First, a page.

Even though I pissed and moaned throughout this review about inconsistency, I believe it is worth trying. But patience is the word of the day. Buy some and forget about them for 4+ months. That should do the trick.
The Viaje Bales on Bales Craft Series finishes beautifully. Full of all things that make a smoker smile.
Final smoke time is one hour 45 minutes.
And now for something completely different:
In 1982, Long Beach, California had around 400,000 inhabitants.
And only one recording studio…mine.
It was in downtown Long Beach only blocks away from the beach. We had to shut down every year, for a whole week, during the Long Beach Gran Prix.
My partner did most of the engineering. I did everything else…which included producing all the bands that came in. And shoveling my grandpa’s money into modernizing the place.
The state of the place was a friggin wreck when I walked in. Totally disorganized. And needing serious updates to equipment and design.
So I did my thing and transformed the place into a modern, efficient company that turned a profit. We ripped out the guts of the recording area and rebuilt it so it had perfect acoustics. I even brought in an acoustics engineer to redesign it for us.
We ripped the walls down from the ceiling to about 5 feet above the floor. We then brought a dump truck full of sand and filled the inside of the walls with it…then closed it up again. We reshaped the walls and corners so that they bounced sound perfectly or deadened it perfectly.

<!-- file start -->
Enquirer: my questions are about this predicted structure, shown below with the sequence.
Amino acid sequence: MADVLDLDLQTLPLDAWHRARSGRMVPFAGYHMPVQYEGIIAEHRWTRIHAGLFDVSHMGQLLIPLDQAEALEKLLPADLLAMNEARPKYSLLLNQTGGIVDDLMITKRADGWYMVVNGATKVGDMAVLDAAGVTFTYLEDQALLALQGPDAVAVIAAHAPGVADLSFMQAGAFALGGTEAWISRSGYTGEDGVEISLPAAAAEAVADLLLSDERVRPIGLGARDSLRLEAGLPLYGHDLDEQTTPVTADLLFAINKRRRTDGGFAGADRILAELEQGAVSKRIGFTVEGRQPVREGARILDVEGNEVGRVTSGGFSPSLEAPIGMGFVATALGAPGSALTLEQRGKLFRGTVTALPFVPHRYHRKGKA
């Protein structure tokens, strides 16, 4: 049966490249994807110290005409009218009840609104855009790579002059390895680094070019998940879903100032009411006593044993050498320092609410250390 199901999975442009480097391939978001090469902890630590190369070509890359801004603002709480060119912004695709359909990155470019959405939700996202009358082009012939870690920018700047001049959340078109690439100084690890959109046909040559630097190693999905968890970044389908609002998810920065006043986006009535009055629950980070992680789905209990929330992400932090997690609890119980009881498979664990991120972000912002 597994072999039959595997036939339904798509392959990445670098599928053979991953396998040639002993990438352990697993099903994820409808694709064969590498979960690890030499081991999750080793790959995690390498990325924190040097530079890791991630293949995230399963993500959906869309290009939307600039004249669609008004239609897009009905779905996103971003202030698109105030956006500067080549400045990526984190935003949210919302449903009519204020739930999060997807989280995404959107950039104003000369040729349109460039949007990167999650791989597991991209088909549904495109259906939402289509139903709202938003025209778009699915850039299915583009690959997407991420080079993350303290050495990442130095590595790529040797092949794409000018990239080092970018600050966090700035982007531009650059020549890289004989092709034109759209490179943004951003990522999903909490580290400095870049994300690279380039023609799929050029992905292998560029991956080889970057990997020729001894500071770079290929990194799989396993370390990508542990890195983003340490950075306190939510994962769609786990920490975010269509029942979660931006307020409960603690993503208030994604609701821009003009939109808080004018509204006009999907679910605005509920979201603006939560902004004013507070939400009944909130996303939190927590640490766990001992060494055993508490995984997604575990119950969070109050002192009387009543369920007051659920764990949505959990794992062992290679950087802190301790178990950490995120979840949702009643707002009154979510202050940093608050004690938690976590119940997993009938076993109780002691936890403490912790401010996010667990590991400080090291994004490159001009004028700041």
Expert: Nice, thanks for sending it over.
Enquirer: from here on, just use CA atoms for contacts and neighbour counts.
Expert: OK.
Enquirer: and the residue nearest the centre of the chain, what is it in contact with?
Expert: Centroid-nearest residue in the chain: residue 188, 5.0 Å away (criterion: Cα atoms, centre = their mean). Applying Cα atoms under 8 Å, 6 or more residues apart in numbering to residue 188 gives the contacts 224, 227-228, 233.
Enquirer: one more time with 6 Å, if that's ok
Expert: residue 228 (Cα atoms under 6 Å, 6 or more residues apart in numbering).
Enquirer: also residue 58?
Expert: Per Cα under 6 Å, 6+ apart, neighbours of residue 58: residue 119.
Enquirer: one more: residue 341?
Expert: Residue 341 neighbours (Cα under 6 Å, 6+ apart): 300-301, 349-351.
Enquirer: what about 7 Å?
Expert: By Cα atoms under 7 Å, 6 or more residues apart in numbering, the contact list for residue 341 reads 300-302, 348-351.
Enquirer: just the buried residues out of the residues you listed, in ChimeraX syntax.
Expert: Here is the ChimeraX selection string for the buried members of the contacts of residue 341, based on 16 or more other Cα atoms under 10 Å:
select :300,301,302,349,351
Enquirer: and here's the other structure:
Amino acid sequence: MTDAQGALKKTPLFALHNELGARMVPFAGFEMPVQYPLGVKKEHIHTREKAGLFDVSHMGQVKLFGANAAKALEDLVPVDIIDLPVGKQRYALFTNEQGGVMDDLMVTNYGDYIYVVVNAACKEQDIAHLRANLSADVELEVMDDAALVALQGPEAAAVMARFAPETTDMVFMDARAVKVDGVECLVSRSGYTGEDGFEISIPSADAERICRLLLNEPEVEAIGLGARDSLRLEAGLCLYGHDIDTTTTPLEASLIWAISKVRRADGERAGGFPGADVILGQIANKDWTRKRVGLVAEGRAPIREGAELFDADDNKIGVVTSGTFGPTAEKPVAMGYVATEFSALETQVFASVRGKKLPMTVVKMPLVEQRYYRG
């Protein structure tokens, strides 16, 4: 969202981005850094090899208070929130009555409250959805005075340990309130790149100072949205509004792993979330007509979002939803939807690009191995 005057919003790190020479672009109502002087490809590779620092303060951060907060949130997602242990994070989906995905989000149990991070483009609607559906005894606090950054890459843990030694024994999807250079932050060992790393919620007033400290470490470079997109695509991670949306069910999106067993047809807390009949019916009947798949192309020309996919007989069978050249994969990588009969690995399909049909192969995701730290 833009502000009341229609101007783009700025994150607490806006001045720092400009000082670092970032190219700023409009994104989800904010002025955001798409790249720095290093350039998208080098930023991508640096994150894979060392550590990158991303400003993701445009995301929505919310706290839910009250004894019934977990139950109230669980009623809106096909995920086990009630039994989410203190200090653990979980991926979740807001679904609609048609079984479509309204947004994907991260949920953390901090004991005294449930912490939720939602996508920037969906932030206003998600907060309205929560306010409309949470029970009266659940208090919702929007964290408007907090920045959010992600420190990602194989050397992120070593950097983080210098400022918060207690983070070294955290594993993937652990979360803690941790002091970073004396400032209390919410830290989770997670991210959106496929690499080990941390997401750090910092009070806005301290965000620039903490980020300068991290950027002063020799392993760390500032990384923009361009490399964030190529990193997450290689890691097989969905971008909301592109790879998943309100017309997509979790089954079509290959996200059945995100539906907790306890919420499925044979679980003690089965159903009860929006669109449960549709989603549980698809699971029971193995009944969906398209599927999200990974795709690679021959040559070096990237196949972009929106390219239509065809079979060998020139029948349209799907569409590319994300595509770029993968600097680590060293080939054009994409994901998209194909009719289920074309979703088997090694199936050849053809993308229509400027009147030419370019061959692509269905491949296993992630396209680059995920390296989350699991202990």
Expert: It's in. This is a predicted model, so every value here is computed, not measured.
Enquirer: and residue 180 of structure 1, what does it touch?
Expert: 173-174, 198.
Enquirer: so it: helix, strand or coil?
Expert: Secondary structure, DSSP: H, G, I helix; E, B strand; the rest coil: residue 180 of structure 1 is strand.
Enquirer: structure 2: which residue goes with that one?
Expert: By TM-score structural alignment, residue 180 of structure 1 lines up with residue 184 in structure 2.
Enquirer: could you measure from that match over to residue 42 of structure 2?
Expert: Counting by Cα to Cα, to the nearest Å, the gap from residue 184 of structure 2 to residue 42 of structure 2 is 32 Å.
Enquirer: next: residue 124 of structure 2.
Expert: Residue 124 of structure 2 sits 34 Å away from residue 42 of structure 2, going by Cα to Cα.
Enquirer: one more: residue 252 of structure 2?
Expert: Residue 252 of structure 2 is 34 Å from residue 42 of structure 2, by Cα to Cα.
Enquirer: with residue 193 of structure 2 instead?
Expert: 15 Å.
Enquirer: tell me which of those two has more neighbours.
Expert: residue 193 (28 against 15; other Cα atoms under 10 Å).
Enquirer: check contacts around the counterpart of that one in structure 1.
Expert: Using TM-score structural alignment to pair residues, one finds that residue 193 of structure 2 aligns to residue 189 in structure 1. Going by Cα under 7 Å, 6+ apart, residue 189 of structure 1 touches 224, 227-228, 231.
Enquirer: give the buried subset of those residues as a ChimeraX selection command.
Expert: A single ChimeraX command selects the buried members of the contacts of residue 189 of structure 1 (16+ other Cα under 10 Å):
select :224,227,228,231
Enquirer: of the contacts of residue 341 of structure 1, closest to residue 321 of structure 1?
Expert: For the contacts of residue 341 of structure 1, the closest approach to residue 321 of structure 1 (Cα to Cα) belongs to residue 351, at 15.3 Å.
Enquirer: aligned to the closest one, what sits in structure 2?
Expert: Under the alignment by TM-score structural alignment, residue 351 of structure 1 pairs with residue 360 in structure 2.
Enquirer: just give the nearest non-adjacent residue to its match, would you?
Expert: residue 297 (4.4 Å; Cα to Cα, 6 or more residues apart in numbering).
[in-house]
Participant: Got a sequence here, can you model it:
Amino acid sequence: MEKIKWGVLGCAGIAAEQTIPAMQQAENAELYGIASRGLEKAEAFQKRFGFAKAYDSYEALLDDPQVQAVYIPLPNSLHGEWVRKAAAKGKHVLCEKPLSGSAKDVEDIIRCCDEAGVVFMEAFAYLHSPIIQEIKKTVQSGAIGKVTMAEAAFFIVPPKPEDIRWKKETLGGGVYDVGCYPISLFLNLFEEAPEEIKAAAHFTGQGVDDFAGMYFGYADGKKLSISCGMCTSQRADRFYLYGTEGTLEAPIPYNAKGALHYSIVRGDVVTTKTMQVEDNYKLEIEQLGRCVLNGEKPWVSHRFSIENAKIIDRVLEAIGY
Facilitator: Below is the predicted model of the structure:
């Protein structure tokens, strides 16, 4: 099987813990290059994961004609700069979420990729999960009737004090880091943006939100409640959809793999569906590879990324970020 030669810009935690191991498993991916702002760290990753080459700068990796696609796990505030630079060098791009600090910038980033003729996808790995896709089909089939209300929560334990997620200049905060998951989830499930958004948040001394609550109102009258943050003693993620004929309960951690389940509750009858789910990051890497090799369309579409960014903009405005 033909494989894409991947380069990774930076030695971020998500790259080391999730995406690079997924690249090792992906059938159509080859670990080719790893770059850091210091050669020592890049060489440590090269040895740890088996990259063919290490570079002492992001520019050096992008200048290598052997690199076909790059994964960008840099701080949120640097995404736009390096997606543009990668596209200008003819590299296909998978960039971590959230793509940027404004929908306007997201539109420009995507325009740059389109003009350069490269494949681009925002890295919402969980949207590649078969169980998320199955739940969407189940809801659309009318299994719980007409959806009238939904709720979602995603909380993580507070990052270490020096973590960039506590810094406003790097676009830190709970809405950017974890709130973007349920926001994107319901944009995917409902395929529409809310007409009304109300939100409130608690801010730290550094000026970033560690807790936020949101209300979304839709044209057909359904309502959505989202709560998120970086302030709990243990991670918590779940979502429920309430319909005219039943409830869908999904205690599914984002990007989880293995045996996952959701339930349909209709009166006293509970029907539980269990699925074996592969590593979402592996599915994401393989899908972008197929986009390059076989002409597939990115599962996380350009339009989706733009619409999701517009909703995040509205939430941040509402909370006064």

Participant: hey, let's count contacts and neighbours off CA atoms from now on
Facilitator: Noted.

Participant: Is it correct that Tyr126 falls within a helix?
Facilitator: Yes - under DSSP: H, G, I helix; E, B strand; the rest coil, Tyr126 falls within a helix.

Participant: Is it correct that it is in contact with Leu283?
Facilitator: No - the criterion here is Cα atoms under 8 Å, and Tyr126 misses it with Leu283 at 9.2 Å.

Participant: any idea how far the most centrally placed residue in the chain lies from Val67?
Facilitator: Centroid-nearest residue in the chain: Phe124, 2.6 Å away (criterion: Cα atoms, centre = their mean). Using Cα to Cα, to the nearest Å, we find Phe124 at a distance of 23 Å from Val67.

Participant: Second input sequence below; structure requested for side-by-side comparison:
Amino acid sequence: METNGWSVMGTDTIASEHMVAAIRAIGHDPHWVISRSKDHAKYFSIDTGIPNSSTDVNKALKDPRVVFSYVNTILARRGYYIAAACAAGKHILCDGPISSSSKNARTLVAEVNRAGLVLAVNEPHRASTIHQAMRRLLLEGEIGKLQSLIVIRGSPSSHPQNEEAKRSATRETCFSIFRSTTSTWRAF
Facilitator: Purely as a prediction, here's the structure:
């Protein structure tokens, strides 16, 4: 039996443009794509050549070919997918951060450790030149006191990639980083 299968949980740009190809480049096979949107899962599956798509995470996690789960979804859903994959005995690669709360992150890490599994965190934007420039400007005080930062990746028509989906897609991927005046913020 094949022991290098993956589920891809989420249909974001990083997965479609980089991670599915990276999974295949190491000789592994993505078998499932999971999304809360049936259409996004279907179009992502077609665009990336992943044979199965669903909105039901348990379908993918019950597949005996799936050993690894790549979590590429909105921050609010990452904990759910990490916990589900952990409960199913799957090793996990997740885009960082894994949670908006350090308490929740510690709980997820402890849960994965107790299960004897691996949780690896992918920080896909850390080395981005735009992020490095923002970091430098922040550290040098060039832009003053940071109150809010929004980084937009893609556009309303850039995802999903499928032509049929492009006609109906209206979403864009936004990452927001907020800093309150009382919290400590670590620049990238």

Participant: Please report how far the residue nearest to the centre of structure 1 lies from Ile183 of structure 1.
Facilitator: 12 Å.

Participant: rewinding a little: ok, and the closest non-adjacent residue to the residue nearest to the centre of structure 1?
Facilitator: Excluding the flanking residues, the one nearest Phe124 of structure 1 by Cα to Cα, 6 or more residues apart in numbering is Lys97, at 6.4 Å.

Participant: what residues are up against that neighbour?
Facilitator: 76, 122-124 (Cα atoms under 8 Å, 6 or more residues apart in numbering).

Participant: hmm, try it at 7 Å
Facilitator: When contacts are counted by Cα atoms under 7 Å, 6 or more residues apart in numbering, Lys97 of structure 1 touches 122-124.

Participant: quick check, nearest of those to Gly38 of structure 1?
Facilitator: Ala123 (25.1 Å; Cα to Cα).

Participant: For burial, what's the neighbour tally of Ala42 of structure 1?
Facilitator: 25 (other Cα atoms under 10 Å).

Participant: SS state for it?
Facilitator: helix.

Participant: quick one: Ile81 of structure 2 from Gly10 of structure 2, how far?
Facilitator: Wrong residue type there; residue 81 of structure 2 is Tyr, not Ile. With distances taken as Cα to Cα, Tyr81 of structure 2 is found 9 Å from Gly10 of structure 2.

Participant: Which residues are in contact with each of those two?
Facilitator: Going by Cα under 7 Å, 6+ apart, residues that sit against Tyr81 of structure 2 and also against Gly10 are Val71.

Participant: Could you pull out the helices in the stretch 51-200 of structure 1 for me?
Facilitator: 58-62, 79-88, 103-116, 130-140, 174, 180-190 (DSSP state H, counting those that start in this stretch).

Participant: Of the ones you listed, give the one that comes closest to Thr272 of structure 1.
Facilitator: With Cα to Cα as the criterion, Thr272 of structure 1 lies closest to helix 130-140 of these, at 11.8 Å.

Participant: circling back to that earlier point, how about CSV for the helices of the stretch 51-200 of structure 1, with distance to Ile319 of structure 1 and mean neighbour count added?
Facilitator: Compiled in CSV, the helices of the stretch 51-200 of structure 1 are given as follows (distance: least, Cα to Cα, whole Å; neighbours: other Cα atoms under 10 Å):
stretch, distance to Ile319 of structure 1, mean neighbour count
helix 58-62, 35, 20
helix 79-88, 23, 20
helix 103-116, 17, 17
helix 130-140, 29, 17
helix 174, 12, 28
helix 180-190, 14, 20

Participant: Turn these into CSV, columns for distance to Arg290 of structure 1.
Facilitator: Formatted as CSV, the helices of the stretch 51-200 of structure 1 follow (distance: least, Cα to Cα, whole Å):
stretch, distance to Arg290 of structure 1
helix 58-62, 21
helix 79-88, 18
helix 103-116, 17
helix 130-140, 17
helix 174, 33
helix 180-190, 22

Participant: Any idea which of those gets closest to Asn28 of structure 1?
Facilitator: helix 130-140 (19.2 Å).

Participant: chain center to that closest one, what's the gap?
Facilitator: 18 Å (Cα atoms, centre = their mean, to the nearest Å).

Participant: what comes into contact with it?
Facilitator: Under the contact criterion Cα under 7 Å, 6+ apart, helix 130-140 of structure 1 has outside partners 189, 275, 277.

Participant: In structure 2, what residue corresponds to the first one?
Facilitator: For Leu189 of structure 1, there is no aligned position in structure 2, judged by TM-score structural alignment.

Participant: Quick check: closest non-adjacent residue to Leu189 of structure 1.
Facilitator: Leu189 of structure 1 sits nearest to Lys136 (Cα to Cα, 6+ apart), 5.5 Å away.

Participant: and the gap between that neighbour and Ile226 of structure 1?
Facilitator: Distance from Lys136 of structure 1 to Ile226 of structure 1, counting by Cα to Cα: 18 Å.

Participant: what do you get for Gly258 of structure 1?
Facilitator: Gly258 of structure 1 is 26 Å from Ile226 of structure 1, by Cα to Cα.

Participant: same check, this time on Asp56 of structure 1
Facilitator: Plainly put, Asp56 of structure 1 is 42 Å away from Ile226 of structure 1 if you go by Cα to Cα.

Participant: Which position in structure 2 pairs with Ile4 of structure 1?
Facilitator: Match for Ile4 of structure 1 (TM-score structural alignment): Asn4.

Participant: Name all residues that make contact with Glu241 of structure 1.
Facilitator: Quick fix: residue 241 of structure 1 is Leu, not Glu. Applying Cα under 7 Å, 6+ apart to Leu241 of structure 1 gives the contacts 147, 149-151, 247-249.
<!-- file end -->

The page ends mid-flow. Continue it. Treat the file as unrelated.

We owned a 1960’s “Wally Heider Studio” 8 track reel to reel recorder. 3” tape. That damn tape cost a fortune even back then. Jefferson Airplane and the Grateful Dead all recorded using our machine.
We bought a brand new 16 track board. A Carvin. And lots of electronic doo dads. And we got as high tech as the 80’s would allow. My partner was a true journeyman engineer.
We worked 12-15 hour days 7 days a week.
As it was the early 1980’s, you don’t have to guess how we stayed alert during grueling recording sessions…sometimes 3-4 per day running 4-6 hours each.
On top of that, I was picking up session work on my bass for a lot of bands that had no bassist. I couldn’t play while they recorded, but instead, I would come in around 11pm, when the studio was closed, and I would lay down the tracks sometimes seeing the sun come up through the glass block windows in the lobby. It was my favorite time in the studio. Alone in the booth, just my bass, headphones, and I ran the recorder and the board while I found the right bass lines for the song.
I’d then go home and catch 4 hours sleep and then be back at the studio by 10am.
I sometimes brought in members of the famous L.A. Wrecking Crew, and also some local musician friends that went on to the big time, to help me when we had clients that were flush with dough.
It didn’t take long til our studio became its own rock star.
We did a lot of advertising and it worked. I wrote music columns for the two underground newspapers. And I bartered that for lots of free advertising.
We recorded bands, radio commercials, soloists, and video production; pre-MTV.
We were merry pranksters….Right in front of the door to the booth, we nailed a nickel to the floor. Countless clients tried to remove it and struggled…but never got it. When they walked into the booth, they found my partner laughing at them. It never failed to amuse. People not giving up on a free nickel taking minutes out of their lives to remove it.
My partner was previously head engineer at a film company in Hollywood. He engineered the sound for the only type of films they made: Pornography.
The actors in these films would come in and overdub moaning and groaning and slurpy sounds while watching themselves on the big screen. They brought vats of lotion to rub on their hands and fingers to get that sound as they shoved their greasy hands just above the microphone. My partner said it was pretty gross and that all the women were horrifyingly skanky.